Thank you. Just to confirm, replace the Main DB one with the QA17C.

That is correct. The cheaper ones like yours, Swan, lear and a few more Minirail RCD’s is problematic. Even more so the cheaper din rail RCD’s. The QA17 series hardly ever give issues on a solar system and when it does, there is a definite reason for it.

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Agree with Jaco. Chuck the Schenker, put in a CBI QA17C. Just note, it is about three times the price. For good reason too.

That is a general note on quality. It may not solve the issue. If it fails to solve the issue, then you at least know it is not because of a crap RCD.

(I’m actually using a Lear RCD on my EV charger… they really are cheap, overload plus residual protection in a device costing R300, makes you think).

I’d chuck the ACDC changeover as well and put in a Hager SF263, but that has nothing to do with your present issues :slight_smile:

If you are comfortable using a multimeter there is a quick test you can do. Open the main bord, switch off all the breakers, set meter to Ohms, (Resistor) measure the resistance between earth and neutral, should the reading increase its a sign of a leakage or capacitance in the circuit. Insulation breakdown as well as moisture in the circuit acts the same as a capacitor and as it charges up, the resistance reading will increase.


Thank you.

I have a concern that it might be my outside lights (4 lights) causing the issue. Last night at 22:00 when load shedding kicked in, the load was minimal (already in bed :slight_smile: ) and the outside lights were on and the earth leakage tripped.
But with that said, I have had load shedding at night with outside, inside lights on, tumble dryer and TV on, with the earth leakage not tripping when load shedding kicked in.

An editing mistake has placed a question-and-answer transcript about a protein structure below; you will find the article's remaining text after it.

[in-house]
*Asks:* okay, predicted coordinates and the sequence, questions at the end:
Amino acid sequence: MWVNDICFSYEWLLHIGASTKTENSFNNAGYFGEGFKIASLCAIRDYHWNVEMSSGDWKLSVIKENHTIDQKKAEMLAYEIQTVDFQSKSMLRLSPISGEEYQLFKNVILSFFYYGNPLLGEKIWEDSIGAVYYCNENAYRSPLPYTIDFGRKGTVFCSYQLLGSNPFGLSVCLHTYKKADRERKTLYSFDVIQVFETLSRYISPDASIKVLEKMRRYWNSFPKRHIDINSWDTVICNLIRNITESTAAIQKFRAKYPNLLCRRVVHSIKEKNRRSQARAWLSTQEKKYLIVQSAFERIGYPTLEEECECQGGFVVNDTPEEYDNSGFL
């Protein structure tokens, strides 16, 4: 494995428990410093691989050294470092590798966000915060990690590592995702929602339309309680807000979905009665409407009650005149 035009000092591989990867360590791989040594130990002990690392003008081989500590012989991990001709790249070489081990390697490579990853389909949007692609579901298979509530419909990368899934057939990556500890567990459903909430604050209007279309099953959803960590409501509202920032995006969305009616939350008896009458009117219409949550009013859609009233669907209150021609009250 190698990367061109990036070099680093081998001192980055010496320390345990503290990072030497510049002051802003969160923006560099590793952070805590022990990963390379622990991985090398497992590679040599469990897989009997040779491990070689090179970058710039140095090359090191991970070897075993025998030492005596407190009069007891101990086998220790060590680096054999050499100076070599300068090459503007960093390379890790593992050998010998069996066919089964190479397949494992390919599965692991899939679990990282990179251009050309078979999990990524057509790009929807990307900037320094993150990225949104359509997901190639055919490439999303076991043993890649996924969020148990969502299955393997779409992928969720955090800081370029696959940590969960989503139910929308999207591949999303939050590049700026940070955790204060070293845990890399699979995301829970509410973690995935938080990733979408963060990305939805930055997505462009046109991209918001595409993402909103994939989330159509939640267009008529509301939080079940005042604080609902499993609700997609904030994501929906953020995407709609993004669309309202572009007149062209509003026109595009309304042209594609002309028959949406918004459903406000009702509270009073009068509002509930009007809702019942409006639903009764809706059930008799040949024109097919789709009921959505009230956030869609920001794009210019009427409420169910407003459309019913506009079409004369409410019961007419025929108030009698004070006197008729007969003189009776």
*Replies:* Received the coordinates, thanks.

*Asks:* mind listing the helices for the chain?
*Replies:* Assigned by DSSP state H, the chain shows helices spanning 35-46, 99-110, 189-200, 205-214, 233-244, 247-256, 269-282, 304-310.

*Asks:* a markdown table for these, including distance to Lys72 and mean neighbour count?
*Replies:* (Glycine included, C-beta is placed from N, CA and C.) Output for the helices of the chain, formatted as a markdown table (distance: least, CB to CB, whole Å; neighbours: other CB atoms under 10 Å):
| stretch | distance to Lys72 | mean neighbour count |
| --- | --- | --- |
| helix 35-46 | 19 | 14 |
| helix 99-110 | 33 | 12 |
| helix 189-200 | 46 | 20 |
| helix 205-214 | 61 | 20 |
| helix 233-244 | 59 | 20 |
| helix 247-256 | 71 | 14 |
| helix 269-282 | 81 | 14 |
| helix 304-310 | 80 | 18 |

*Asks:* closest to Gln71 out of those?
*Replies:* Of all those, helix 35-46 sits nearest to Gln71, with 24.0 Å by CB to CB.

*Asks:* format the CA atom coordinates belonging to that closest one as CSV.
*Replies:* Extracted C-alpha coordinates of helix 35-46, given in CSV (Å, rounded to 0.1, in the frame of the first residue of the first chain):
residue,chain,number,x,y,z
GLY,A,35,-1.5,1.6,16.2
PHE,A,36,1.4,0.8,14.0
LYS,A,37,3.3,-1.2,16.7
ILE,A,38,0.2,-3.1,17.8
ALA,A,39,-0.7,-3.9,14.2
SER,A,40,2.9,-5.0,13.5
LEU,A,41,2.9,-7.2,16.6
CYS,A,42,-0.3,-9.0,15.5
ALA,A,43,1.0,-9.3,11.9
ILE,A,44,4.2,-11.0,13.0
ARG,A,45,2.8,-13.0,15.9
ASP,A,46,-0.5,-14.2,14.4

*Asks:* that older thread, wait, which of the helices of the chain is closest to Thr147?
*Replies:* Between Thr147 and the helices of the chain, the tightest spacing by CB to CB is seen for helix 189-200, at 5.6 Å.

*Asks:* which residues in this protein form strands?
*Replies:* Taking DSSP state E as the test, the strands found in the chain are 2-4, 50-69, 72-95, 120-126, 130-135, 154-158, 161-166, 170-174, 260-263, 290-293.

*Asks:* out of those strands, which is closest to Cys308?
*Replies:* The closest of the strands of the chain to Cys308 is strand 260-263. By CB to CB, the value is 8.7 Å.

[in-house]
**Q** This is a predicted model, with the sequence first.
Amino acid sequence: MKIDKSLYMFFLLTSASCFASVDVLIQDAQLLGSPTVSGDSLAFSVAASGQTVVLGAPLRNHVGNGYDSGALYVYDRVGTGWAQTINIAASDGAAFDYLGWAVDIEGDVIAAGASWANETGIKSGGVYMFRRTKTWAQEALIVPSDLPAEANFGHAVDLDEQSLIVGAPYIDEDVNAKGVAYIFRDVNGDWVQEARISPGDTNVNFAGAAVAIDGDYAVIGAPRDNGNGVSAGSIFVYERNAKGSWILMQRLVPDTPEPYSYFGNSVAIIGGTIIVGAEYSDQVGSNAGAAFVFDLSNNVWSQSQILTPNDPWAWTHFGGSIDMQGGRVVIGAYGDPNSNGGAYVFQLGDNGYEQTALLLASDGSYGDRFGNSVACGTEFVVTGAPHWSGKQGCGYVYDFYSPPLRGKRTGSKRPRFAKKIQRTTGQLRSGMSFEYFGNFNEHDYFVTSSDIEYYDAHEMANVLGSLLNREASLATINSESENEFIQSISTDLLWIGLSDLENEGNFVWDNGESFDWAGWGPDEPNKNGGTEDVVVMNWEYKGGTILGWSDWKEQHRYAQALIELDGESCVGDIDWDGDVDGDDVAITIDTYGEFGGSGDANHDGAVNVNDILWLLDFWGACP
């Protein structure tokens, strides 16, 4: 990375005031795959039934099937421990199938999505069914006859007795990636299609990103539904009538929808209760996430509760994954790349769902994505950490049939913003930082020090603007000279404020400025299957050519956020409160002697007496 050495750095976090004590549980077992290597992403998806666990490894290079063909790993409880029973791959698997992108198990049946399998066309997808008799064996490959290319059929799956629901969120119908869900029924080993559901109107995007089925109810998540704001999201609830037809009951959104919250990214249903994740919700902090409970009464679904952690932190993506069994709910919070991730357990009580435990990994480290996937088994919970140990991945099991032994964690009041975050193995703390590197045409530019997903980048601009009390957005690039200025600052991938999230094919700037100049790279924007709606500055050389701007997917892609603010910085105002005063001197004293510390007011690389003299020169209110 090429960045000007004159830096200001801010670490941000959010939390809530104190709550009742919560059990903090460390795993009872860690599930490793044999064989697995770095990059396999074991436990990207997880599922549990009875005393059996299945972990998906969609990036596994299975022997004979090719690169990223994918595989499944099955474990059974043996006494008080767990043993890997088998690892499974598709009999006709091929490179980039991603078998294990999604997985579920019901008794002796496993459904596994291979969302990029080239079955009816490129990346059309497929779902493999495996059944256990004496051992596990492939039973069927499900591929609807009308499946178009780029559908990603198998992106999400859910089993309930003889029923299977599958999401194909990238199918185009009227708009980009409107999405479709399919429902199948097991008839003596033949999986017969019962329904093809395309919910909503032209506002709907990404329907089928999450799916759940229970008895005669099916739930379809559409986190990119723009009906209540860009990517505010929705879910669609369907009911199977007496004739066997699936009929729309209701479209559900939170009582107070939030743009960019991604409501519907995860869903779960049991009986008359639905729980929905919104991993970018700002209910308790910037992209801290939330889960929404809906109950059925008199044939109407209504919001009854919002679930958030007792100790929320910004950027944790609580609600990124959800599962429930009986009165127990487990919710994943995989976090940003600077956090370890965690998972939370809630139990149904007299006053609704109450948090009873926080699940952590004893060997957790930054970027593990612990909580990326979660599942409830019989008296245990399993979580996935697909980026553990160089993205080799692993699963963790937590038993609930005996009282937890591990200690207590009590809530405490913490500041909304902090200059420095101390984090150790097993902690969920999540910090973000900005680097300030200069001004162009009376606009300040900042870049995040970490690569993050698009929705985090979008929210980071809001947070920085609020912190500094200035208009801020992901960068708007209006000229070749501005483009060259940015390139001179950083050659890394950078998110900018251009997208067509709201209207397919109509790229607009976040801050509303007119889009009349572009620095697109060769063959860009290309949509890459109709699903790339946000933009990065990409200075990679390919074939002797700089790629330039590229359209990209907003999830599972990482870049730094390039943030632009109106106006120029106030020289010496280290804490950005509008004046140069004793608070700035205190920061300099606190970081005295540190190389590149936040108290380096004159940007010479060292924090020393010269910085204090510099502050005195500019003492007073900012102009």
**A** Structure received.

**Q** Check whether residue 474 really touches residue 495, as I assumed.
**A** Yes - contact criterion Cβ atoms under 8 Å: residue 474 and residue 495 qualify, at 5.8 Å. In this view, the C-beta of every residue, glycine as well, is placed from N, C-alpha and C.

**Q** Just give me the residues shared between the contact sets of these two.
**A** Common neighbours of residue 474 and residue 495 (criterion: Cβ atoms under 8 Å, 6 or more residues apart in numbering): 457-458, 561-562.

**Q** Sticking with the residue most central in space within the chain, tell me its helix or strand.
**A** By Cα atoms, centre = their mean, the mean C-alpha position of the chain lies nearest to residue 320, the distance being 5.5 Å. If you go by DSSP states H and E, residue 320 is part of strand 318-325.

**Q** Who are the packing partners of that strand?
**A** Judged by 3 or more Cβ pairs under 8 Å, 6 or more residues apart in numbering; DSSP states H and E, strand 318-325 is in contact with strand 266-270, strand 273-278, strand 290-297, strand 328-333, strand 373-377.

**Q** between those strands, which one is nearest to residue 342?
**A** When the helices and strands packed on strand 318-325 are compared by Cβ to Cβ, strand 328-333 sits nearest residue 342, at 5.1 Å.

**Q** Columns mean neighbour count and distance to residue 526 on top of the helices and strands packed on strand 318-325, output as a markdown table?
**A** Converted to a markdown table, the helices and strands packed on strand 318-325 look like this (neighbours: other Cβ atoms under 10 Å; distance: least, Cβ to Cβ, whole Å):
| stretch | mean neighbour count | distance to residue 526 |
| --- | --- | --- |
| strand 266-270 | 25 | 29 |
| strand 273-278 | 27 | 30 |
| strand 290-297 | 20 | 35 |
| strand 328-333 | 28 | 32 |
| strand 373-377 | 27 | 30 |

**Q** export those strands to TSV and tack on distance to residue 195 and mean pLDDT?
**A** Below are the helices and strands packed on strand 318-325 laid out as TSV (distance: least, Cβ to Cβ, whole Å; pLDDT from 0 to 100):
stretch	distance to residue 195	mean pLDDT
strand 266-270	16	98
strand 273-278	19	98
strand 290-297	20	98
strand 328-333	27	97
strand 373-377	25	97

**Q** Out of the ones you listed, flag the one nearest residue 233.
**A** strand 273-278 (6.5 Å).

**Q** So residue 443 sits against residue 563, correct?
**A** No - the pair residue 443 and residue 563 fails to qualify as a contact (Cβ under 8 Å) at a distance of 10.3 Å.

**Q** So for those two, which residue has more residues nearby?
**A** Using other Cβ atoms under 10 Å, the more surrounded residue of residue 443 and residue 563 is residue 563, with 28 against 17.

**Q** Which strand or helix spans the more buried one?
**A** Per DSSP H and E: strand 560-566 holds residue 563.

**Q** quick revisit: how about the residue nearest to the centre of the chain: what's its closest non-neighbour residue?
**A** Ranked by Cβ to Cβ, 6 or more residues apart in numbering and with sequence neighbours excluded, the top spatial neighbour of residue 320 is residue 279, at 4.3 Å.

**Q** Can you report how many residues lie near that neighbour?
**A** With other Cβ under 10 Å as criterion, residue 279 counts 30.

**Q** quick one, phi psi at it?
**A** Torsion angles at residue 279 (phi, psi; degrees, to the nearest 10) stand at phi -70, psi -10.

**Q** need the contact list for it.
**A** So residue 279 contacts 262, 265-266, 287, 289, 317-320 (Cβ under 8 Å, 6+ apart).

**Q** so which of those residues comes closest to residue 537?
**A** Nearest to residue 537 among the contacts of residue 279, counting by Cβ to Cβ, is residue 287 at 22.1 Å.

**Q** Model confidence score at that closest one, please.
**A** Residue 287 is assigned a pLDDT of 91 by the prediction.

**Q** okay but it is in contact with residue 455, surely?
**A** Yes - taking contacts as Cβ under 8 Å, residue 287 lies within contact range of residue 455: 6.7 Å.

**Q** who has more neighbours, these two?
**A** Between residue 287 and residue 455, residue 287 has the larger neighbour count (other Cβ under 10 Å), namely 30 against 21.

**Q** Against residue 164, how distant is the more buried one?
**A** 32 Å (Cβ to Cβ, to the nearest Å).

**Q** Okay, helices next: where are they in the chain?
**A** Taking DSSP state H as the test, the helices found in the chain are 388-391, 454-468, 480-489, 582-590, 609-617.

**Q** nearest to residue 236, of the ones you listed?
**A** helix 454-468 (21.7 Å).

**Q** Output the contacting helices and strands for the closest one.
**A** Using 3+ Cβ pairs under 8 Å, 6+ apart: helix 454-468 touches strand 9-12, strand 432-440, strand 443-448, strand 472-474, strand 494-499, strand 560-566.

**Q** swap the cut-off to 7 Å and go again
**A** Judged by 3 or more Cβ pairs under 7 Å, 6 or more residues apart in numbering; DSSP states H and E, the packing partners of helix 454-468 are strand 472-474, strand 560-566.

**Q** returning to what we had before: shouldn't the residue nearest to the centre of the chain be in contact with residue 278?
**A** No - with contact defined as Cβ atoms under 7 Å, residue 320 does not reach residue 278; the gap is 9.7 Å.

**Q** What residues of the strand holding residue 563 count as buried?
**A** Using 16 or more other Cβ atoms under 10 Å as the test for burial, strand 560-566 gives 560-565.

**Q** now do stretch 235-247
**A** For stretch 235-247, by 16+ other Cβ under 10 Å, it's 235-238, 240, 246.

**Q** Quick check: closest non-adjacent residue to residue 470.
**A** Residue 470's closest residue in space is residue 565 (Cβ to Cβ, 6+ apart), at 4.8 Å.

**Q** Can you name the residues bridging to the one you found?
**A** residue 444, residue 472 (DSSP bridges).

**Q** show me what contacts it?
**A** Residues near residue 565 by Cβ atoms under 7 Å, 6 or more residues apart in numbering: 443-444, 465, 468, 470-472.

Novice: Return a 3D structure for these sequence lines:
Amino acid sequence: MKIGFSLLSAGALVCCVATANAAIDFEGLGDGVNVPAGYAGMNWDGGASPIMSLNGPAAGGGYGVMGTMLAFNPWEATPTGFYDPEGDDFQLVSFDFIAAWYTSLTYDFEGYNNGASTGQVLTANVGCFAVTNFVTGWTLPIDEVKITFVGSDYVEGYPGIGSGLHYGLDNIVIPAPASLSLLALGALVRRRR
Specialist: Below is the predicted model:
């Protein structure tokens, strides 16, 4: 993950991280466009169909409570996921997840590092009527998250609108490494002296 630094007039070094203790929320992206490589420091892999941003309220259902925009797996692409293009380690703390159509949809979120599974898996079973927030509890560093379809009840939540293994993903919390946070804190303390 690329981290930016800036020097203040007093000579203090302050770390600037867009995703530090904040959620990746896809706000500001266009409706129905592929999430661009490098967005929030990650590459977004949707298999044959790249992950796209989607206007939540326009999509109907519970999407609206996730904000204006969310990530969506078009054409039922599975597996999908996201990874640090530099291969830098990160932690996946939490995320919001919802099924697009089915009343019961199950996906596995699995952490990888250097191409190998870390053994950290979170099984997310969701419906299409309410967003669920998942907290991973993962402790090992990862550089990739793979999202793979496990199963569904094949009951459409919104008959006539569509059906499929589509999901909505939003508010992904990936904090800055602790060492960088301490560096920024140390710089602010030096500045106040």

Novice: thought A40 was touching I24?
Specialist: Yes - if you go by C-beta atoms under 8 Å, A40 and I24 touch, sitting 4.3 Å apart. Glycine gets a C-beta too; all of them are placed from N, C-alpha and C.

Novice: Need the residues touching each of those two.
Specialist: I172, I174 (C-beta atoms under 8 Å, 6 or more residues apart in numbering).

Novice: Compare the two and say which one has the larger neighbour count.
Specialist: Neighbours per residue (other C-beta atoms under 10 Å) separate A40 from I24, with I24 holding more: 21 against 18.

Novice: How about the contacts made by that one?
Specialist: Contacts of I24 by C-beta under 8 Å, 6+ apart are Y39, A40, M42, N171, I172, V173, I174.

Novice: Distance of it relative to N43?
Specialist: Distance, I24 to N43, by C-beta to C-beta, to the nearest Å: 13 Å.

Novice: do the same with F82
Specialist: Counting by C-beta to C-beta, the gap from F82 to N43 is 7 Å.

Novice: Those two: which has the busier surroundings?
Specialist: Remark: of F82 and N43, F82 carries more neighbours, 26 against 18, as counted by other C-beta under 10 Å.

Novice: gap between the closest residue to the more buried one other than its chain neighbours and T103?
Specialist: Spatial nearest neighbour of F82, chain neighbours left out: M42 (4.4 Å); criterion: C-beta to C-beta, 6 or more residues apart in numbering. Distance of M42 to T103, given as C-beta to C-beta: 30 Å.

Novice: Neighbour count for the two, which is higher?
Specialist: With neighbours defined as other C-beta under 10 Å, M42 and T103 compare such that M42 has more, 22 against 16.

If it is, an electrician should be able to test the circuit with an insulation tester. If there is a leakage on that circuit, he will see it right away.

Yup. That’s your typical capacitor check, it starts at a low resistance and then increases as it charges. But in my experience, for smaller capacitances, your average electronic DMM is not going to be fast enough to catch it. The old needle style was quite nice, you’d see the meter swing up and then slowly drop down, but even then, a 220nF capacitor (typically used in capacitove dropper PSUs) will leak enough to trip an RCD, but may not show up on a DMM. You may get lucky… or not :slight_smile:

The intermittency is also quite literally timing-related. Depending on exactly WHERE on the AC sine wave the trip happens, the amount of current leaking through a well-intentioned capacitor (meant to suppress noise) will be different.

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Thank you Jaco and Izak.

I’ll get someone out to have a look. Was just afraid that it might be the inverter itself that is causing the issue.

I test mine with a DMM. Shows insulation breakdowns as well as moisture

The inverter can play a role, but normally it will just amplify and already existing issue. Opening and closing of a neutral earthing relay for example will allow the caps in a surge arrestors device to discharge and charge back up the moment it closes again or the moment it reconnects to the grid. To many surge arrestors circuits in your home can also contribute to the problem.


You have a decent DMM though :slight_smile:

Only work with Flukes. The one in my kit is the 287.

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My Brymen meter also seems pretty fast enough to pick up an effective capacitance of 300nF, but 2.2nF it won’t pick up. I’m not much of an expert in these meters (@_a_a_a ?), but I believe the kind of shunt capacitor you’d use to filter HF noise from a typical SMPS, is on the smaller end. If you have enough of them in a house to trip an RCD, a good meter will probably pick them up.

Edit: Also tested a 22nF, can pick that one up. So… totally concur. A resistance test should pick up shunt caps in the installation.